News and Announcements » – Split libraries according to barcodes specified in mapping file


Since newer sequencing technologies provide many reads per run (e.g. the 454 GS FLX Titanium series can produce 400-600 million base pairs with 400-500 base pair read lengths) researchers are now finding it useful to combine multiple samples into a single 454 run. This multiplexing is achieved through the application of a pyrosequencing-tailored nucleotide barcode design (described in (Parameswaran et al., 2007)). By assigning individual, unique sample specific barcodes, multiple sequencing runs may be performed in parallel and the resulting reads can later be binned according to sample. The script performs this task, in addition to several quality filtering steps including user defined cut-offs for: sequence lengths; end-trimming; minimum quality score. To summarize, by using the fasta, mapping, and quality files, the program will parse sequences that meet user defined quality thresholds and then rename each read with the appropriate Sample ID, thus formatting the sequence data for downstream analysis. If a combination of different sequencing technologies are used in any particular study, can be used to perform the quality-filtering for each library individually and the output may then be combined.

Sequences from samples that are not found in the mapping file (no corresponding barcode) and sequences without the correct primer sequence will be excluded. Additional scripts can be used to exclude sequences that match a given reference sequence (e.g. the human genome; and/or sequences that are flagged as chimeras (

Usage: [options]

Input Arguments:



-m, --map
Name of mapping file. NOTE: Must contain a header line indicating SampleID in the first column and BarcodeSequence in the second, LinkerPrimerSequence in the third.
-f, --fasta
Names of fasta files, comma-delimited


-q, --qual
Names of qual files, comma-delimited [default: None]
-r, --remove_unassigned
DEPRECATED: pass –retain_unassigned_reads to keep unassigned reads [default: None]
-l, --min_seq_length
Minimum sequence length, in nucleotides [default: 200]
-L, --max_seq_length
Maximum sequence length, in nucleotides [default: 1000]
-t, --trim_seq_length
Calculate sequence lengths after trimming primers and barcodes [default: False]
-s, --min_qual_score
Min average qual score allowed in read [default: 25]
-k, --keep_primer
Do not remove primer from sequences
-B, --keep_barcode
Do not remove barcode from sequences
-a, --max_ambig
Maximum number of ambiguous bases [default: 6]
-H, --max_homopolymer
Maximum length of homopolymer run [default: 6]
-M, --max_primer_mismatch
Maximum number of primer mismatches [default: 0]
-b, --barcode_type
Barcode type, hamming_8, golay_12, variable_length (will disable any barcode correction if variable_length set), or a number representing the length of the barcode, such as -b 4. [default: golay_12]
-o, --dir_prefix
Directory prefix for output files [default: .]
-e, --max_barcode_errors
Maximum number of errors in barcode [default: 1.5]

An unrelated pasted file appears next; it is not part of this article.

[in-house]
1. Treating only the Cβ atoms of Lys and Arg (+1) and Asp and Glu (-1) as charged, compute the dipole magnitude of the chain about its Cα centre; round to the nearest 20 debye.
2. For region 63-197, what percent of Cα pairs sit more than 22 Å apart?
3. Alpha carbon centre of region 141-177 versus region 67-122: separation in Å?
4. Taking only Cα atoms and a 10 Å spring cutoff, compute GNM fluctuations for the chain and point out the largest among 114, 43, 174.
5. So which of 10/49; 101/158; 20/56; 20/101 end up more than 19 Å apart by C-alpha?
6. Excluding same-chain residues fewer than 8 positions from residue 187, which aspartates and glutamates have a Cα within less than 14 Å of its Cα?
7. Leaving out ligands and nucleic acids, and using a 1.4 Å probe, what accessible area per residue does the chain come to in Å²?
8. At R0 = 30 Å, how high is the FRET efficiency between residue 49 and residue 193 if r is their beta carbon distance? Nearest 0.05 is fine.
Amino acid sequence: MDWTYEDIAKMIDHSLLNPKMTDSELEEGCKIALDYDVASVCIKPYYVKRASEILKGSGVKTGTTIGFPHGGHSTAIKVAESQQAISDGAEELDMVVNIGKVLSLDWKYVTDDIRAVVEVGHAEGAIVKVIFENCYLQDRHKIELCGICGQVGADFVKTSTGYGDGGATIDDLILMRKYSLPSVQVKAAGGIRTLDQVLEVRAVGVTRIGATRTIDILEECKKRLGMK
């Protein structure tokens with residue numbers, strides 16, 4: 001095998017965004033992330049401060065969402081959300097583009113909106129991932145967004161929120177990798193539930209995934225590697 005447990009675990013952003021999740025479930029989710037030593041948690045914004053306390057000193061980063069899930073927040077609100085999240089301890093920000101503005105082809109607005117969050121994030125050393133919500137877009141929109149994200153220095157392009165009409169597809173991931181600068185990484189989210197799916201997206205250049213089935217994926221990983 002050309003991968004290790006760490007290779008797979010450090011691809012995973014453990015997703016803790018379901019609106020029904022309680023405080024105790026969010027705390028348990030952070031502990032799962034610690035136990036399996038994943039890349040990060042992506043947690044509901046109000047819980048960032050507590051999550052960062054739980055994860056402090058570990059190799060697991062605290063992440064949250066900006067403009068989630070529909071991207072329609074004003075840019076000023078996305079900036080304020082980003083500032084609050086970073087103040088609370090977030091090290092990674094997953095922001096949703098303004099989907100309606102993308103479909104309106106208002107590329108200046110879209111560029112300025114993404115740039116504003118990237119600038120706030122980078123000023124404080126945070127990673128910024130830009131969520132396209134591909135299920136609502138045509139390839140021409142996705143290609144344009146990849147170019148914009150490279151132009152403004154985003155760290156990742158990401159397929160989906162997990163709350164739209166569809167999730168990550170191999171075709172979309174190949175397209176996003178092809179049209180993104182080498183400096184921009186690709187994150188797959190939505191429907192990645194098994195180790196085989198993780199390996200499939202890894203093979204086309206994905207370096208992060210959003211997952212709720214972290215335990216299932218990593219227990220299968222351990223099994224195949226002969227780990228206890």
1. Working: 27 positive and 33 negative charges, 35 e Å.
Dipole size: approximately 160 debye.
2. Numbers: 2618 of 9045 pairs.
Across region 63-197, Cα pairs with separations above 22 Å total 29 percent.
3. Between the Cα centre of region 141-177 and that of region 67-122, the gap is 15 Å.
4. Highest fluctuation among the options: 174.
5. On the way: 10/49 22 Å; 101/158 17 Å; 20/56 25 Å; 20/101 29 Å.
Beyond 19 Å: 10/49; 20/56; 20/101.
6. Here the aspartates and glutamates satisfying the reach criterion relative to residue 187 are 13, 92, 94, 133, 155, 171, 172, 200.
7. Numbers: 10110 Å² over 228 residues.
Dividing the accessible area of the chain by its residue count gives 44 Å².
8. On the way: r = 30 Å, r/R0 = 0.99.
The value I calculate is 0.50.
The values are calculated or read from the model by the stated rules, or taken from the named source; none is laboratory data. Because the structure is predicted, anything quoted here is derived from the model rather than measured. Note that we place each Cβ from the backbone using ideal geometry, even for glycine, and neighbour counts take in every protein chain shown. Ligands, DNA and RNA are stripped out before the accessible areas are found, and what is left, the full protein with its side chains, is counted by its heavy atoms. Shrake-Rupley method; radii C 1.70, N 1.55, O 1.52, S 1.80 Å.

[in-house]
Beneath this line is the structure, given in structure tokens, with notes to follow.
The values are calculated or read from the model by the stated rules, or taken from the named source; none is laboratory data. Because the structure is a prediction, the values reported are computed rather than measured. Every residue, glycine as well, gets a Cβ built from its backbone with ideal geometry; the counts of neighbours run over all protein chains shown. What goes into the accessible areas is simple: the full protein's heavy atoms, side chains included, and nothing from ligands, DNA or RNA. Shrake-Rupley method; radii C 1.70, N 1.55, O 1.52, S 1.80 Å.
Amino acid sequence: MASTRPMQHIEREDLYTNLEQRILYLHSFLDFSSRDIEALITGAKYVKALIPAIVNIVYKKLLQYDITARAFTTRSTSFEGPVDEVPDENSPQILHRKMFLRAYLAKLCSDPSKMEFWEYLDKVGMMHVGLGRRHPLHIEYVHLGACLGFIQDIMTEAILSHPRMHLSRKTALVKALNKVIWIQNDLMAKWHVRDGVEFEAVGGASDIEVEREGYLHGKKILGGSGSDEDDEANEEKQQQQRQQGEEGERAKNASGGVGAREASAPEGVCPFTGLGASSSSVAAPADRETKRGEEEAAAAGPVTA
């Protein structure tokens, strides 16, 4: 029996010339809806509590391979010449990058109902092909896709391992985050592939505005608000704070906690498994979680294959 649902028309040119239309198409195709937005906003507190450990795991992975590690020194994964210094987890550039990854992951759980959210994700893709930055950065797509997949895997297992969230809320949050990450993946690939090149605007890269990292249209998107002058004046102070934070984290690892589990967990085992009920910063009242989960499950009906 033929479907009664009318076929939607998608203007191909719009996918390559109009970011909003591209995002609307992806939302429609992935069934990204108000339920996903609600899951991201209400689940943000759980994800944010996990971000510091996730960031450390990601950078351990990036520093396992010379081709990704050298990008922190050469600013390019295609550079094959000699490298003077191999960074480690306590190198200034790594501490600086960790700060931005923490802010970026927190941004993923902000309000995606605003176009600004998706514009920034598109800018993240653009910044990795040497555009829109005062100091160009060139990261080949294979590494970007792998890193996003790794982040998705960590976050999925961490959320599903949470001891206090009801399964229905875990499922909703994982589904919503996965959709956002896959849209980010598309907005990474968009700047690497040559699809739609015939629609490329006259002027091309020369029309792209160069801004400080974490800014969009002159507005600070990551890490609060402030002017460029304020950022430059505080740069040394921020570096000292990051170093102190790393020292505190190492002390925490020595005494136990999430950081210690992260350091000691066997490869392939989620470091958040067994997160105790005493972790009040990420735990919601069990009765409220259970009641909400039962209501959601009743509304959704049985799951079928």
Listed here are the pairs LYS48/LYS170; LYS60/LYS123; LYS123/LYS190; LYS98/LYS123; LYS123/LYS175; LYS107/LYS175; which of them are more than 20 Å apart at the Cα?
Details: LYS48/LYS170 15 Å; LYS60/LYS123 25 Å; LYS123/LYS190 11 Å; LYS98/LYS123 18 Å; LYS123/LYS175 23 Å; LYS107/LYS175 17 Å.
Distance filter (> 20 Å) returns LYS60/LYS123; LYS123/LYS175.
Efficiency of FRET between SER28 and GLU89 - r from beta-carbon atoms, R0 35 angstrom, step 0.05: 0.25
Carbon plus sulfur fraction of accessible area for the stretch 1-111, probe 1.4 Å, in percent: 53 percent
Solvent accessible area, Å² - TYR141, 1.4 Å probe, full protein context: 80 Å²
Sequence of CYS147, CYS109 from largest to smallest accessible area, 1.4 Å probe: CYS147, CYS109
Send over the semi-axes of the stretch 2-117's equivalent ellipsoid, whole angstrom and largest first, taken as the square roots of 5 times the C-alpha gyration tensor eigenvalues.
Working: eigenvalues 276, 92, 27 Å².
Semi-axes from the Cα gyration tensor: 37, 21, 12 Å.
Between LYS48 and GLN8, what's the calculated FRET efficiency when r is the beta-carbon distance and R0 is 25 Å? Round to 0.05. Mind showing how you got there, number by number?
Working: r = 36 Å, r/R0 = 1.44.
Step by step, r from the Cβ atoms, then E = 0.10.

-n, --start_numbering_at
Seq id to use for the first sequence [default: 1]
Retain sequences which are Unassigned in the output sequence file[default: False]
-c, --disable_bc_correction
Disable attempts to find nearest corrected barcode. Can improve performance. [default: False]
-w, --qual_score_window
Enable sliding window test of quality scores. If the average score of a continuous set of w nucleotides falls below the threshold (see -s for default), the sequence is discarded. A good value would be 50. 0 (zero) means no filtering. Must pass a .qual file (see -q parameter) if this functionality is enabled. Default behavior for this function is to truncate the sequence at the beginning of the poor quality window, and test for minimal length (-l parameter) of the resulting sequence. [default: 0]
-g, --discard_bad_windows
If the qual_score_window option (-w) is enabled, this will override the default truncation behavior and discard any sequences where a bad window is found. [default: False]
-p, --disable_primers
Disable primer usage when demultiplexing. Should be enabled for unusual circumstances, such as analyzing Sanger sequence data generated with different primers. [default: False]
-z, --reverse_primers
Enable removal of the reverse primer and any subsequence sequence from the end of each read. To enable this, there has to be a “ReversePrimer” column in the mapping file. Primers a required to be in IUPAC format and written in the 5’ to 3’ direction. Valid options are ‘disable’, ‘truncate_only’, and ‘truncate_remove’. ‘truncate_only’ will remove the primer and subsequent sequence data from the output read and will not alter output of sequences where the primer cannot be found. ‘truncate_remove’ will flag sequences where the primer cannot be found to not be written and will record the quantity of such failed sequences in the log file. [default: disable]
Set number of allowed mismatches for reverse primers (option -z). [default: 0]
-d, --record_qual_scores
Enables recording of quality scores for all sequences that are recorded. If this option is enabled, a file named seqs_filtered.qual will be created in the output directory, and will contain the same sequence IDs in the seqs.fna file and sequence quality scores matching the bases present in the seqs.fna file. [default: False]
-i, --median_length_filtering
Disables minimum and maximum sequence length filtering, and instead calculates the median sequence length and filters the sequences based upon the number of median absolute deviations specified by this parameter. Any sequences with lengths outside the number of deviations will be removed. [default: None]
-j, --added_demultiplex_field
Use -j to add a field to use in the mapping file as an additional demultiplexing option to the barcode. All combinations of barcodes and the values in these fields must be unique. The fields must contain values that can be parsed from the fasta labels such as “plate=R_2008_12_09”. In this case, “plate” would be the column header and “R_2008_12_09” would be the field data (minus quotes) in the mapping file. To use the run prefix from the fasta label, such as “>FLP3FBN01ELBSX”, where “FLP3FBN01” is generated from the run ID, use “-j run_prefix” and set the run prefix to be used as the data under the column headerr “run_prefix”. [default: None]
-x, --truncate_ambi_bases
Enable to truncate at the first “N” character encountered in the sequences. This will disable testing for ambiguous bases (-a option) [default: False]


Three files are generated by

  1. .fna file (e.g. seqs.fna) - This is a FASTA file containing all sequences which meet the user-defined parameters, where each sequence identifier now contains its corresponding sample id from mapping file.